Out of law school, into a recession

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Everyone’s talking about it, so we might as well tackle it, too. It seems immaterial at this point whether the US economy is approaching, entering or currently experiencing a recession — it’s clear that the economy is slowing down and, more importantly, that people are getting worried and even scared about it. Some of this can be attributed to the mainstream media doing its usual frenzy-whipping, but there is genuine cause for concern out there. This is the first time the US economy has tanked in the globalization era, and that’s going to have some nasty results (such as, US consumer spending power will drop but oil prices won’t, because for the first time, it’s Chinese, not American, consumption that’s pushing oil demand).

Things ought not to be as bad in Canada, but it’s still no fun graduating from law school, carrying a huge debt load, to find a mediocre or poor job market waiting for you. If you entered law school within the past five years, you paid boom prices for a law degree and you might end up in a bust marketplace. It’s not fair — but it happens. You won’t be the first new lawyer to experience it, but if you’re a Millennial, you’ve also never seen one of these things before, and they can be more than a little disconcerting.

There are lessons to be drawn, however, from those of us who landed in similarly soft job markets in previous downturns. Here are a few thoughts on what to do if you’re taking a new LL.B. or J.D. into a recession.

1. Don’t panic. Easy to say, not always easy to do, especially if you watch too many all-news channels (a piece of advice: too many = 1). Avoid the temptation to wrap yourself up in worry, self-pity and general gloom — it gets you nowhere and it really annoys your friends and family. Just because you’re not employed does not mean you’re not employable. Moreover, they’ve abolished debtor’s prison, so don’t spend too much time fretting over your student loans. Cycles come and go; we’ve just come through a long period of general economic health, but it was still a cycle, and it was always going to end. Same goes for a recession; this too shall pass.

2. Keep learning. Your career is always on, 24/7/365, regardless of whether you’re employed at the moment. Your law career began on the first day of classes and it will continue until you retire to a life of leisure and complaining about the damn kids today. If you’re not employed, take the opportunity to increase your skill set, broaden your knowledge base, and learn more about the legal industry and the types of law you love most. Read journals and magazines, or if you’re low on cash, blogs and e-newsletters — not only about the areas of law that most interest you, but especially about the fundamentals of running a law business. You didn’t learn them in school and you wouldn’t have the chance to learn them if you were working. Invest today’s downtime in tomorrow’s competitive advantage.

3. Network. Those of us in the law practice advisory business are always telling lawyers to network, make contacts, find opportunities to market their names, expertise and brand. Practising lawyers, in reality, don’t have much time to do this; you do. Find out where lawyers meet, and join them. Attend a CBA or ABA Section meeting (student and new lawyer fees are low) in any area that even vaguely interests you. If you really want to get ahead of the game, go visit a corporate counsel meeting and talk to clients — you’d never get this close to them as an associate. Meet lawyers, introduce yourself, ask questions (about their work, not about whether they’re hiring), listen attentively to the answers, and follow up with the people with whom you best connected — if you’re really lucky, you’ll find a mentor. Make networking your non-paying full-time job.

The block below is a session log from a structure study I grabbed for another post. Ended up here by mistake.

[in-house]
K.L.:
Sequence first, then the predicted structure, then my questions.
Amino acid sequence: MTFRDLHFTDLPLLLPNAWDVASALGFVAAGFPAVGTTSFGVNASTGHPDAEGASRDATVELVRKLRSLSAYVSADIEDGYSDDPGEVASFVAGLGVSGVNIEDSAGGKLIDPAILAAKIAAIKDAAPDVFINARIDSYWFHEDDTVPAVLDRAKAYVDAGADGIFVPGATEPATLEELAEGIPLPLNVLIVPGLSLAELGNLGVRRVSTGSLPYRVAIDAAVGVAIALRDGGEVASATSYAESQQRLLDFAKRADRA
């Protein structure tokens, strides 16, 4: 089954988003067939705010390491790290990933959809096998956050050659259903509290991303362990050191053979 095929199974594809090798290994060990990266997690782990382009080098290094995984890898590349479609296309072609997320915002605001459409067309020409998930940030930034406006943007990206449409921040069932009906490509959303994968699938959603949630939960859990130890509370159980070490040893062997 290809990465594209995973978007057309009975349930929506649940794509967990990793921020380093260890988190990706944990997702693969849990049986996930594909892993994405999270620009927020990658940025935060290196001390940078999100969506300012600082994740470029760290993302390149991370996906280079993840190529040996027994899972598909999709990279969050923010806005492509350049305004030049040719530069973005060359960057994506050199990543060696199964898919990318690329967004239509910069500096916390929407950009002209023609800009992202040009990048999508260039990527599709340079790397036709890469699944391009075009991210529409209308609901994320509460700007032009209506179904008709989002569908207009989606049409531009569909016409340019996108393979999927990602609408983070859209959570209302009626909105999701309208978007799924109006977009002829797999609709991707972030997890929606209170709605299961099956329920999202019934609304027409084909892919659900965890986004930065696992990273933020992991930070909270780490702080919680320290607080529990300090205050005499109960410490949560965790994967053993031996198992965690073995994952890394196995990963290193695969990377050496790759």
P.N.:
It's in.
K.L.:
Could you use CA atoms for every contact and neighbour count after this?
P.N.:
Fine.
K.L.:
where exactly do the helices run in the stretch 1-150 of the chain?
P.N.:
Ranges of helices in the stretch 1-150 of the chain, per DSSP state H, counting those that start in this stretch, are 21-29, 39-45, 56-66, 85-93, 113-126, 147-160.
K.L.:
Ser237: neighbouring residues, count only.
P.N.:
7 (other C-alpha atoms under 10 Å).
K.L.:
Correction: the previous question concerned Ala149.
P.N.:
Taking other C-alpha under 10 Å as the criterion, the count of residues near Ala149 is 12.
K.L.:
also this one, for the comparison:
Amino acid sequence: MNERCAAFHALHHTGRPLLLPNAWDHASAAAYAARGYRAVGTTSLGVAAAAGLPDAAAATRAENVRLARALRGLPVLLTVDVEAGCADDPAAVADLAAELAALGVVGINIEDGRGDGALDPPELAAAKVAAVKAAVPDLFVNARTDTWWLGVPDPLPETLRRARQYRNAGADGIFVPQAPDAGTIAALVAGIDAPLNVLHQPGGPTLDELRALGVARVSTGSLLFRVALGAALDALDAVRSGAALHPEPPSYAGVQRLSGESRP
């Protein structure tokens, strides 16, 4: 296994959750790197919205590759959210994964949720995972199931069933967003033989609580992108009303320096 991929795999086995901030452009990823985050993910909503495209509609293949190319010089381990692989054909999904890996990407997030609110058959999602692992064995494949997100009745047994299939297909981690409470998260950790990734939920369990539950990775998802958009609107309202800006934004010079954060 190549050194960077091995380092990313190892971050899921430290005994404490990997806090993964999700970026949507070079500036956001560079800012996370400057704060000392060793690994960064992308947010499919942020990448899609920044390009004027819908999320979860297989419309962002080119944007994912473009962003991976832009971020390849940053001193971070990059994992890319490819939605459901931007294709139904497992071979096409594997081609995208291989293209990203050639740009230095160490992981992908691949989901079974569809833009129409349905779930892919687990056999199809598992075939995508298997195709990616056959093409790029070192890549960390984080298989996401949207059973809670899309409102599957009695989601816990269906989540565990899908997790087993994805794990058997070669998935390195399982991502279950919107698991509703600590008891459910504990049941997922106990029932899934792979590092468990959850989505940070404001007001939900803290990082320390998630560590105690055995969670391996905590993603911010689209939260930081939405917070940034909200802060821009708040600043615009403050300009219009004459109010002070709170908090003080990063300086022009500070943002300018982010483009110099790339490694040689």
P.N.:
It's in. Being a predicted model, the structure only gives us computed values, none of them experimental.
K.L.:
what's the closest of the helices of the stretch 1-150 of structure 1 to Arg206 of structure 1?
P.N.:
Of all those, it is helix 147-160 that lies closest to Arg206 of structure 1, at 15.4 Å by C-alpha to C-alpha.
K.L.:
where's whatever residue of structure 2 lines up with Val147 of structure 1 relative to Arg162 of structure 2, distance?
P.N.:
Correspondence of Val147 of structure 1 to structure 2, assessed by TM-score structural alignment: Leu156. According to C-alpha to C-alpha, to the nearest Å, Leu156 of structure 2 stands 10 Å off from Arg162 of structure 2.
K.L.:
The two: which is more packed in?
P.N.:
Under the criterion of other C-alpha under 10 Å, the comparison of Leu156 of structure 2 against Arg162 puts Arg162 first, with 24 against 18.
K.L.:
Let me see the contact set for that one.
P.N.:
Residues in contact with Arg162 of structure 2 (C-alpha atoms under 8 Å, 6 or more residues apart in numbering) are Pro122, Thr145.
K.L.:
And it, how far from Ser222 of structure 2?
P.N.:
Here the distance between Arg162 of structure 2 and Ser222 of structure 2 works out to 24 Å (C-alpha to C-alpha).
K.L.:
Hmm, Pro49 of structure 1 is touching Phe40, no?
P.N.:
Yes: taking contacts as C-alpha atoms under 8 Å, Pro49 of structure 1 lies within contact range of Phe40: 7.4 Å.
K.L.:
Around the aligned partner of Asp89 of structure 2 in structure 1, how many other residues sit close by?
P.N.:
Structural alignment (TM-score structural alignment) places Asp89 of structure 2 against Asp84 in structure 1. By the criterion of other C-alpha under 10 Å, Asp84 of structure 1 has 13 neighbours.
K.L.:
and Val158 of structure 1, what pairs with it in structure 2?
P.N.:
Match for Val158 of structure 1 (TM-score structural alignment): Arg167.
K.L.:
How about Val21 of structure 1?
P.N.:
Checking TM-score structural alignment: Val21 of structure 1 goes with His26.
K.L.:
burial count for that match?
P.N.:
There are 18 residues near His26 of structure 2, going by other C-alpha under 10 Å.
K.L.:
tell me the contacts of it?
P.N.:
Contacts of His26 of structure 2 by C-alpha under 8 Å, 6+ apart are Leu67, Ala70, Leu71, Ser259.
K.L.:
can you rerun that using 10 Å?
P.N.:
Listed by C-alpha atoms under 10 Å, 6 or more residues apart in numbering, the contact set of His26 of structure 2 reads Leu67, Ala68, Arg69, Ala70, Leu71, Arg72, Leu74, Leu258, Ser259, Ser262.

4. Keep an open mind. You never know which door will open up for you. When the firm where I articled declined to offer me an associate job, I spent the next several months fixated on getting another law firm position, even though I hadn’t especially enjoyed the previous one. I got tunnel vision, thinking that private law practice was my only option — and I can only guess how much worse that must be today, with large firms omnipresent in the student imagination. It wasn’t until I’d exhausted every law firm avenue that I turned, with some desperation, to legal non-profits and the legal publishing industry, and it was only then that things took off for me. Be flexible. Get ready to adjust to new information, new circumstances, and the possibility that something might come along, unforeseen, and be perfect for you.

5. Be positive. This is kind of the flip-side of not panicking, but it deserves a final mention. You didn’t become any stupider or any less attractive to employers because the economy tightened up; this had nothing to do with you. Classmates and friends who managed to land a job aren’t Supreme Court justices in waiting, they just had better luck on the first go-round. Feed your self-esteem with positive reinforcement from those closest to you. Keep a journal and record one smart thing you did every day to prepare for your next job. Learn, network, read and write. Above all, stay in touch with the law and the legal community — because you’re still part of it, whether you’re drawing a paycheque or not.

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